About Gus Astley
Who was this man who inspired the thought about giving students free money for their hard work?
Many members of the Institute will remember Gus Astley with great affection and admiration. To others, Gus will be perhaps be no more than a name from the Institute’s past – so it is appropriate to paint a brief word picture of a greatly missed colleague and celebrate the Awards set up in his memory.Gus died in 2003 after a long and painful illness, which he bore with great courage and good grace. Up to that point he has been Membership Secretary for the Association of Conservation Officers, a role he took up with the establishment of IHBC in 1997. In that post he came into contact many aspiring and fledgling conservation professionals and Gus was always provided a great source of encouragement and wise council. His tireless work both organisations also included for a time Assistant Editorship of Context.Gus was tremendously proud of having been a SPAB Lethaby and Sir Banister Fletcher Scholar, but his wide range of talents also extended to scout leader; Morris dancer; choir member; lecturer; Welsh speaker; calligrapher; raconteur; real ale drinker; and bow-tie wearer. Gus always had a very gentle, persuasive and caring manner. The notes of his job interview for Bath City Council in 1989 recorded his appearance as ‘Relaxed – bow tie’ – the very essence of Gus.He was an early adopter of cutting-edge IT, with the foresight and talent to grasp the potential of new technology when devising an excellent electronic database of Bath’s listed buildings (when such things were quite novel), but a man who always carried his copious IHBC filing system around in a battered Waitrose carrier bag.
A very gentle, charming and caring manner did not disguise a persuasive, passionately committed enthusiast but also a very practical conservation professional who set very high standards wherever he worked – Gus stood for quality. In Bath, one has only to look at the detailing and overall excellence of important buildings such as the former Empire Hotel, the Old Police Station and the Thermae Bath Spa to see the very real and practical results of his influence. Gus was also instrumental in the painstaking restoration of Prior Park after its devastating fire and was brilliant at public inquiries.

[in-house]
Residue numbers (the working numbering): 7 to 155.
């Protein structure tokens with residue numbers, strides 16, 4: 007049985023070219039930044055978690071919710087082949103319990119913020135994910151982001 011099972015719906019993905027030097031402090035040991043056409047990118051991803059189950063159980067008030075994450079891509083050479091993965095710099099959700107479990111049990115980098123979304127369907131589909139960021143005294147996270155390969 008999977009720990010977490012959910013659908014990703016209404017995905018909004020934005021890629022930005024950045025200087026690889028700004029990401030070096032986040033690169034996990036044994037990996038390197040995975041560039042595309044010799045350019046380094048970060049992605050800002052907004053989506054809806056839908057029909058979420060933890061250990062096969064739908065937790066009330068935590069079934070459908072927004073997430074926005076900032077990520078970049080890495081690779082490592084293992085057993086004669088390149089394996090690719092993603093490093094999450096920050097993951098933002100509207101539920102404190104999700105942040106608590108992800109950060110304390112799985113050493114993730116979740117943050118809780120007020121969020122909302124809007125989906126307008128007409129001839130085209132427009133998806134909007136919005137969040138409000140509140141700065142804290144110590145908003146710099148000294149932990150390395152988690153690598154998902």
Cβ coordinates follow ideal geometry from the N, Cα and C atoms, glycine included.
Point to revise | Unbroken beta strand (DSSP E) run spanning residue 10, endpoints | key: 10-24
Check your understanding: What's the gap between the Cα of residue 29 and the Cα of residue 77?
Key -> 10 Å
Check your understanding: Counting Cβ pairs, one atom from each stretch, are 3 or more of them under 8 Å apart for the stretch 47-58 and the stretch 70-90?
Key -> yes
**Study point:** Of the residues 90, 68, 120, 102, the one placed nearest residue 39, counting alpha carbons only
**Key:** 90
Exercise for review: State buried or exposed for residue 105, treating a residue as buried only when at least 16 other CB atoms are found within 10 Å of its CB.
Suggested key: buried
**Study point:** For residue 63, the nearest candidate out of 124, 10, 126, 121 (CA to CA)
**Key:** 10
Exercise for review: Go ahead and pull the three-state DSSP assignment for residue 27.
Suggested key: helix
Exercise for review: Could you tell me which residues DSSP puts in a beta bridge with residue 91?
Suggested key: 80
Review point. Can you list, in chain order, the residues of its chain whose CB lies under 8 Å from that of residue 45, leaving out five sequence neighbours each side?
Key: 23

He always gave his time and advice generously and with much good humour to the fellow professionals. I am sure this is why so many IHBC members contributed so generously to the memorial fund established in his memory and which enabled the annual Gus Astley Student Awards to be launched at the IHBC Annual School in Guidford in 2007.
This annual award scheme recognises outstanding examples of under-graduate or post-graduate coursework relating to historic environment conservation, thereby furthering those aspects of the Institute close to Gus’s heart:
the promotion of best practice;
raising of professional standards, and
assisting others in the early stages of their careers.
The Institute is especially keen to reach people very early in their career, such as undergraduates. Sean O’Reilly, the IHBC Director highlights that there is
'a growing awareness of how historic environment conservation, for all its challenges, is both a good career move and a practical way to address climate change. Conservation is about the future we want, not just the legacy we enjoy.’
It is hoped the “Astleys” will build on their early promise, annually enabling the outstanding work of students to be recognised and possibly published and also promoting this to a wider audience through assistance to students with attendance at and presentation to the Annual School.
Details of the criteria for the annual Gus Astley Student Awards can be accessed here.